Jose Antonio Vargas is a Pulitzer Prize winning journalist who at the peak of his career made a decision that shocked the media and politicians. He declared to the world through an essay in the New York Times Magazine: I am undocumented and I am not alone. He tells the story of what led to his decision and what it has meant for him.
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Carlo Alban was always a performer at heart. And as a young teen, he got a break as a regular cast member on Sesame Street. And even though it seemed that he was living a dream, he had a secret: he was undocumented. Carlo Alban, now 32, has a one-man show, “Intringulis,” which translates to a snag or difficulty. “Intringulis,” is Carlo’s own coming out story, in which he tackles the struggles of being undocumented, childhood success, and drug use as a teen. Here, Carlo performs an excerpt of the play, live before an intimate audience at Intar Theatre in New York City.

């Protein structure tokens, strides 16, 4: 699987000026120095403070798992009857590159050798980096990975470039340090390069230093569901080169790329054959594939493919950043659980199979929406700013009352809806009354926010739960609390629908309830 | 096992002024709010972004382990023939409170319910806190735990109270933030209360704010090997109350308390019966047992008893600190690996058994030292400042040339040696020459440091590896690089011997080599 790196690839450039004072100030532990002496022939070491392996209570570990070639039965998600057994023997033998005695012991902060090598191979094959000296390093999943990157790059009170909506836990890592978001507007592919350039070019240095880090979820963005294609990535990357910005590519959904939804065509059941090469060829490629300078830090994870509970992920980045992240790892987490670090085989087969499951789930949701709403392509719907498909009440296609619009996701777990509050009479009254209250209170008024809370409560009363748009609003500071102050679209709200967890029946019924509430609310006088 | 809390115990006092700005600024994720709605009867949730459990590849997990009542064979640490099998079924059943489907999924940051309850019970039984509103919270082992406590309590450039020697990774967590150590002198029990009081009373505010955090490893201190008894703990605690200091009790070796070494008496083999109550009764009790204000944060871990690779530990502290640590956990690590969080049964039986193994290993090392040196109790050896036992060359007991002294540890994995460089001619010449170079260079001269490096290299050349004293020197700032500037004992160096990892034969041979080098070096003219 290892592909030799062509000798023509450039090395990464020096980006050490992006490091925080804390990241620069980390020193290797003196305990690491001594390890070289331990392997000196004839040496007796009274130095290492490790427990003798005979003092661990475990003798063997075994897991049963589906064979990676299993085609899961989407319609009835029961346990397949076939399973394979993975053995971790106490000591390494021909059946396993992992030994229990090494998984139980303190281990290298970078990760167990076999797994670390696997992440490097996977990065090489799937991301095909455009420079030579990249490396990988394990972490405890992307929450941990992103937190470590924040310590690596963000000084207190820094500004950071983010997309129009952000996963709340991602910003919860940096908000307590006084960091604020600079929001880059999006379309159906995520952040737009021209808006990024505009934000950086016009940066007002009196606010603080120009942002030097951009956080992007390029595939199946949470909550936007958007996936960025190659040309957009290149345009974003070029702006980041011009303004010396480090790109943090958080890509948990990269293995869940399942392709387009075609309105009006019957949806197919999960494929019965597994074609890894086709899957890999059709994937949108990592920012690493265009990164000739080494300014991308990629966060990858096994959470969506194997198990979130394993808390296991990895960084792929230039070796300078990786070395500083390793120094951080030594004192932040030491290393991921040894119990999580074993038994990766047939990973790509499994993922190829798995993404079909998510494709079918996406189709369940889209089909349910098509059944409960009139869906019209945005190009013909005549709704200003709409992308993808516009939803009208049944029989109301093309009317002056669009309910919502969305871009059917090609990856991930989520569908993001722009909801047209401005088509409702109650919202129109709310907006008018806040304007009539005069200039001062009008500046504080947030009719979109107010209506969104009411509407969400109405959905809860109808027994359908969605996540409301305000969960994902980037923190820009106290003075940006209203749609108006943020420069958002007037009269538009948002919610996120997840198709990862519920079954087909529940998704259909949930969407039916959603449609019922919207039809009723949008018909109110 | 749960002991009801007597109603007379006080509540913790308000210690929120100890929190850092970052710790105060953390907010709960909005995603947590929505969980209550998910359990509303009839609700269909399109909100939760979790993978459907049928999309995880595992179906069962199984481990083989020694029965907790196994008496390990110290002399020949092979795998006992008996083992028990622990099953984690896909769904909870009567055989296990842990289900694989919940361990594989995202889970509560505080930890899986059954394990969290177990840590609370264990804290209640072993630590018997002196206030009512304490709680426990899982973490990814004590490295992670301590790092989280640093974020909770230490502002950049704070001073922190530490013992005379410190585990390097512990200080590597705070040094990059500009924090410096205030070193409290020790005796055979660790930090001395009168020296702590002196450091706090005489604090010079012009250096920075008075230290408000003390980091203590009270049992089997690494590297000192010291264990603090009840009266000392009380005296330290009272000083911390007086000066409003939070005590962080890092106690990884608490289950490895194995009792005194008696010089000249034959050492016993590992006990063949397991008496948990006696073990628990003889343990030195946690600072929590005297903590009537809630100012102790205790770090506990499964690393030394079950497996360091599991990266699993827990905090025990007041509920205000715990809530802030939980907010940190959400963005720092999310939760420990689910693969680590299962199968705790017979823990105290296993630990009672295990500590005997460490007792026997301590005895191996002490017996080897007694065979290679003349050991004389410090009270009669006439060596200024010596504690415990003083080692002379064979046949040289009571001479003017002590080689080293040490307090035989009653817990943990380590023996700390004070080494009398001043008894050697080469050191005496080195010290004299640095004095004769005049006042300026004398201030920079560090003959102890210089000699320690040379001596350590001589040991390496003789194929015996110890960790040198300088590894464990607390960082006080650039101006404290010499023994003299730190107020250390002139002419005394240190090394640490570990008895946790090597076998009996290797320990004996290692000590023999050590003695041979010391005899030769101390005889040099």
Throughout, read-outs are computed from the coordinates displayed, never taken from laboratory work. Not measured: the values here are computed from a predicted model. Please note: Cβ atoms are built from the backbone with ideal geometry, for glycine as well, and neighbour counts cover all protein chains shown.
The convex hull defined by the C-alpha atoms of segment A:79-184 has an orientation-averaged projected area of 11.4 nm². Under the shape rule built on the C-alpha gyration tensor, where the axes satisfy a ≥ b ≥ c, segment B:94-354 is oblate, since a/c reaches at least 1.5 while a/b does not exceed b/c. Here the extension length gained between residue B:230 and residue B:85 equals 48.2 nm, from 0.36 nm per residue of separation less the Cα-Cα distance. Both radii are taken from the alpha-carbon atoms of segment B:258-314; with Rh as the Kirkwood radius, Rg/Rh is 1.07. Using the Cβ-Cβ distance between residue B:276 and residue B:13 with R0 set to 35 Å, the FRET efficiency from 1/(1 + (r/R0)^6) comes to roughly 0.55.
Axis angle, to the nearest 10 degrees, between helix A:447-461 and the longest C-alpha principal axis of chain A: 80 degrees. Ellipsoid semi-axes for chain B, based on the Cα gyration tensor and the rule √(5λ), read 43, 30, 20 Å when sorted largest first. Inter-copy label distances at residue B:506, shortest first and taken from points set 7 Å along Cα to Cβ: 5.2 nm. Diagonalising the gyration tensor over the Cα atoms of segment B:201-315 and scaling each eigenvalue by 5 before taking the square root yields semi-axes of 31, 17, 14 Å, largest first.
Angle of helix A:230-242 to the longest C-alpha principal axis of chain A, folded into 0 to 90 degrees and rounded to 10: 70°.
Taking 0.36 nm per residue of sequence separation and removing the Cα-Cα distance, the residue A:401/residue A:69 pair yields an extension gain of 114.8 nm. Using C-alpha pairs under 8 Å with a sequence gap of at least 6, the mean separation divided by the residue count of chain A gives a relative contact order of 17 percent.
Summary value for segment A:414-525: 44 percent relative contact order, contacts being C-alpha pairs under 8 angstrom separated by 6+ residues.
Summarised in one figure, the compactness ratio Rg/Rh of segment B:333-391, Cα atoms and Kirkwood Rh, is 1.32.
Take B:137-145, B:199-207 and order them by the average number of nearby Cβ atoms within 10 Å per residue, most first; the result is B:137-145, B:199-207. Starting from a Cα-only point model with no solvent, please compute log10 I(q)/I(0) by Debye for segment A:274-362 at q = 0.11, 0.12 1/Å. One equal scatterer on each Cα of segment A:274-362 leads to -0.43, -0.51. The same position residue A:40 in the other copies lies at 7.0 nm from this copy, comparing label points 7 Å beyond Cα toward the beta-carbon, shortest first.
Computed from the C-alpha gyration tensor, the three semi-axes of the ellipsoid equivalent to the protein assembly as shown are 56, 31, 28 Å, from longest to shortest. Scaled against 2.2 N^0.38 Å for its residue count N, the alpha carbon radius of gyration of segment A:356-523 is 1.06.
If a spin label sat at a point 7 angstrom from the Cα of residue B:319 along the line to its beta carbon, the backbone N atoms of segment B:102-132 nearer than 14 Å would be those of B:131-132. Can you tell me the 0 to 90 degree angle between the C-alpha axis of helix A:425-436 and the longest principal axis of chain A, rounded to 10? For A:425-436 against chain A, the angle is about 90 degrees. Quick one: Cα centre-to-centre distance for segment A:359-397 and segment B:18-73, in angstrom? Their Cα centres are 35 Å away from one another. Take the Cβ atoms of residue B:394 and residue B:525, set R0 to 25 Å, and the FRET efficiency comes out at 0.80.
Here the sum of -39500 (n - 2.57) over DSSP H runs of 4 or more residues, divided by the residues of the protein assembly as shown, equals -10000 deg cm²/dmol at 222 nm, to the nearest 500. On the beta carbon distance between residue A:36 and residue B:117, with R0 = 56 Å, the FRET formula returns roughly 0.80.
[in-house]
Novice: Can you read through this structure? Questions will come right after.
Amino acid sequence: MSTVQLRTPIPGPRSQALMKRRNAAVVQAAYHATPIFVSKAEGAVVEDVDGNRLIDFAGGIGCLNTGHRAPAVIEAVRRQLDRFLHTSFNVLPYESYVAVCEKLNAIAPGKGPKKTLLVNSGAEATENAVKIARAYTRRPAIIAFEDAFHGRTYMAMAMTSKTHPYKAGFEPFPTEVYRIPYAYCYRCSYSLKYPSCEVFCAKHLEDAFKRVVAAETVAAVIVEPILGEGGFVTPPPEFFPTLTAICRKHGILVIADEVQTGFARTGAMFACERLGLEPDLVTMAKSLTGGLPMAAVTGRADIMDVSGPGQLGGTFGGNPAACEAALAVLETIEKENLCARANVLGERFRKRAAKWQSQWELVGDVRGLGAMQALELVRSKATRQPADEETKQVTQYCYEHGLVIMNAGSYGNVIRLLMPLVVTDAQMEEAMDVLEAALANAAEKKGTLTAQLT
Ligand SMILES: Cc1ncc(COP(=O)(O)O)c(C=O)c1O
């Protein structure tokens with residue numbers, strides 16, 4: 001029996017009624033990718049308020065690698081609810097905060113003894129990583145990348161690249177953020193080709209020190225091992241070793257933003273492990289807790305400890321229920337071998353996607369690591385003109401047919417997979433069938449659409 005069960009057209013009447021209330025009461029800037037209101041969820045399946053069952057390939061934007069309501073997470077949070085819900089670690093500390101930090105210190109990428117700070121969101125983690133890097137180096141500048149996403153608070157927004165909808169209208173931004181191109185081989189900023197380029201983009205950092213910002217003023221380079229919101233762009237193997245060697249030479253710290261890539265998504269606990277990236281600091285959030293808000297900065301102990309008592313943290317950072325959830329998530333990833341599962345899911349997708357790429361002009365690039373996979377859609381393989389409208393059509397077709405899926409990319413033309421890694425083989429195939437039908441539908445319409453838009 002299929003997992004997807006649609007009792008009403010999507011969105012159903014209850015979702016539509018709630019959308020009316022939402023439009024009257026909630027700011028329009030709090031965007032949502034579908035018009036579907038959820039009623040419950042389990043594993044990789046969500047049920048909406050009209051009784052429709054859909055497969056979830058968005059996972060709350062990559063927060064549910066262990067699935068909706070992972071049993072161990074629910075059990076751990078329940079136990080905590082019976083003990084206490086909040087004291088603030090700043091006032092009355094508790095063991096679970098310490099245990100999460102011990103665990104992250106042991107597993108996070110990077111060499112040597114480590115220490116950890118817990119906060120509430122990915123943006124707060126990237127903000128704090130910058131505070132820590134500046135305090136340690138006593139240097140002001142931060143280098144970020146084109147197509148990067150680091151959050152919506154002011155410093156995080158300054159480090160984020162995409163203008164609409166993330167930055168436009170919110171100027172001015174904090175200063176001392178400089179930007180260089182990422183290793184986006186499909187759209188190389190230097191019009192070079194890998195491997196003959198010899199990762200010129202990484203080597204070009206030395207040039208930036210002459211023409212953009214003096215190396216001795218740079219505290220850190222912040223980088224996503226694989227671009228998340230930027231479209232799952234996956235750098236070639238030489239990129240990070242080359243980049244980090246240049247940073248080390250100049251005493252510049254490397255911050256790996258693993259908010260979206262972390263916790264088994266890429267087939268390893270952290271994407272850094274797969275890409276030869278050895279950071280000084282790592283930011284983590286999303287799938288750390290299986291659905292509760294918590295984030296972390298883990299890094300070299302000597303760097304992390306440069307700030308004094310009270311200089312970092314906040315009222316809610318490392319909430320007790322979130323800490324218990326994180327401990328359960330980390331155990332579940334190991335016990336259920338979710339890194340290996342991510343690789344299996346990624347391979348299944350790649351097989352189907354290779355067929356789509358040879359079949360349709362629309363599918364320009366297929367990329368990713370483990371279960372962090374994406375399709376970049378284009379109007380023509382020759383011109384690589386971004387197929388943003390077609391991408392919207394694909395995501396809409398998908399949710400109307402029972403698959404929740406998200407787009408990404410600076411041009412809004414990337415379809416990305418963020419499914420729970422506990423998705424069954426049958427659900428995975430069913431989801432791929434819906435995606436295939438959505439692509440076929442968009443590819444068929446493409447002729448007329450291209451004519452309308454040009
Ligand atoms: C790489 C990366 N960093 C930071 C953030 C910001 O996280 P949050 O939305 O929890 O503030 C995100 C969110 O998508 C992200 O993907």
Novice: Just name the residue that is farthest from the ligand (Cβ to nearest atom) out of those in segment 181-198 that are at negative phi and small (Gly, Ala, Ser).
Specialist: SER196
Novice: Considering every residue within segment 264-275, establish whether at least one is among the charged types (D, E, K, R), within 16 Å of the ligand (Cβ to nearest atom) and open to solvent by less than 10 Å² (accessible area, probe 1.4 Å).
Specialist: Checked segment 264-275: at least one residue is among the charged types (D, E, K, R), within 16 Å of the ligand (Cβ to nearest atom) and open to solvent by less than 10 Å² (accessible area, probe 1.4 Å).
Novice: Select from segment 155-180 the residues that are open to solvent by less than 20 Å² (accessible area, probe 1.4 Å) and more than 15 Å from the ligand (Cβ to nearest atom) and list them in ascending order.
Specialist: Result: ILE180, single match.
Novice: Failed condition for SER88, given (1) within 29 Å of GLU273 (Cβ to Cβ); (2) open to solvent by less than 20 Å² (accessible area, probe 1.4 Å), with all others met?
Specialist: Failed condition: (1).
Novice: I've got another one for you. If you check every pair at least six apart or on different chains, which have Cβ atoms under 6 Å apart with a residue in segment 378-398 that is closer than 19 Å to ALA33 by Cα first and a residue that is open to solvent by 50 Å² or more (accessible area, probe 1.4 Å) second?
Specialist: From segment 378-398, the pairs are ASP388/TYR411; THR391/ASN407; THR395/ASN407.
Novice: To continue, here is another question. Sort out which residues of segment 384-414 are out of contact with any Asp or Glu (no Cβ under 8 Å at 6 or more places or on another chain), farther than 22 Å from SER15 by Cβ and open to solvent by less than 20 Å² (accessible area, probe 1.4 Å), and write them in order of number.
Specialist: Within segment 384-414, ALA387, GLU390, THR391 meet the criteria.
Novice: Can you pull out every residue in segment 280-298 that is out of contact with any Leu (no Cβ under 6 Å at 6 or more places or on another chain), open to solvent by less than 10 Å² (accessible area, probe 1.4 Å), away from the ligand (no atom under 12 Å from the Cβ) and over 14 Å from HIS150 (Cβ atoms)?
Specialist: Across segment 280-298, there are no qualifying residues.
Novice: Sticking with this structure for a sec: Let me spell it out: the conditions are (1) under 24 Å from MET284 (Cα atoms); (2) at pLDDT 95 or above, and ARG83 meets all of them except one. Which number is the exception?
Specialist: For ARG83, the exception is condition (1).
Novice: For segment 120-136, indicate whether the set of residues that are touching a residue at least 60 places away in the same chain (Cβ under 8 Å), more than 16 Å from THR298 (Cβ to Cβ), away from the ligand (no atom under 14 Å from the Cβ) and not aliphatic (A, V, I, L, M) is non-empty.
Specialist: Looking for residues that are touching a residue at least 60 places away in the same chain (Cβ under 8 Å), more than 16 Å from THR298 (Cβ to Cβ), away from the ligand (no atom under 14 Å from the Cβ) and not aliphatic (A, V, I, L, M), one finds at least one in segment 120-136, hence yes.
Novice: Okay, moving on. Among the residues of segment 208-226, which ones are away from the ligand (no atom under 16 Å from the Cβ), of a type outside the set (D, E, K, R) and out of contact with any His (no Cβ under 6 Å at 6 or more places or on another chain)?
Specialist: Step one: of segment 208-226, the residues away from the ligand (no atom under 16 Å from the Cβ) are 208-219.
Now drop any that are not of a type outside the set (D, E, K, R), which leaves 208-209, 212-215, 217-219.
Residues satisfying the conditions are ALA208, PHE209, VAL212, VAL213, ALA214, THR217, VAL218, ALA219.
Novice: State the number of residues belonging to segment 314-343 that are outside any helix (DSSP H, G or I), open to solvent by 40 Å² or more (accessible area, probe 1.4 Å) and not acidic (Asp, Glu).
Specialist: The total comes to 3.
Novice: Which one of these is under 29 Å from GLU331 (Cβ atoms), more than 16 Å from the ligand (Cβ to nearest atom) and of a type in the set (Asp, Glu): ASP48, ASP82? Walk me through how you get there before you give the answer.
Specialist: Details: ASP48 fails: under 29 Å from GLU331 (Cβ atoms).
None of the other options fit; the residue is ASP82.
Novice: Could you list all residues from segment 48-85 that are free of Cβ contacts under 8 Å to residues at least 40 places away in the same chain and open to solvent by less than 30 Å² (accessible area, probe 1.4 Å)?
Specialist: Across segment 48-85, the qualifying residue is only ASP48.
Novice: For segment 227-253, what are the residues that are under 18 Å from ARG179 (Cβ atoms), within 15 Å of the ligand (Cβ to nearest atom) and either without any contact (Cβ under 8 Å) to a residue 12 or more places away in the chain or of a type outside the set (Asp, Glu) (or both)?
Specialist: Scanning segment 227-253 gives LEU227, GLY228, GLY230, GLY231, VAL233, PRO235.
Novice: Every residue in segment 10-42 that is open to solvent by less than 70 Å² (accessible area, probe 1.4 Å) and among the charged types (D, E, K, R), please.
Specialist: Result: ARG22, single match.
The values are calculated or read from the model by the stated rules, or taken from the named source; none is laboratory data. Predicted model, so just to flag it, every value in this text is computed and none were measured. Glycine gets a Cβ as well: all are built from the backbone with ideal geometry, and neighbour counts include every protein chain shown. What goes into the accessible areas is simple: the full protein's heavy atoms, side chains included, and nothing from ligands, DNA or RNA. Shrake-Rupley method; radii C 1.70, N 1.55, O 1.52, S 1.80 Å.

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The stories of Jose Antonio Vargas and Carlos Alban are like so many who grew up in the United States: undocumented, but managing to start careers. And there are also high school and college students who call themselves Dreamers. They are fighting for the Dream Act, which would a grant a passage to citizenship to students and members of the military. For more than a decade, its been an uphill battle to get votes, and in recent years, these students have upped the ante by coming out, publicly and often putting themselves at risk of deportation. We hear from two Dreamers: Lizbeth Mateo and David Cho.
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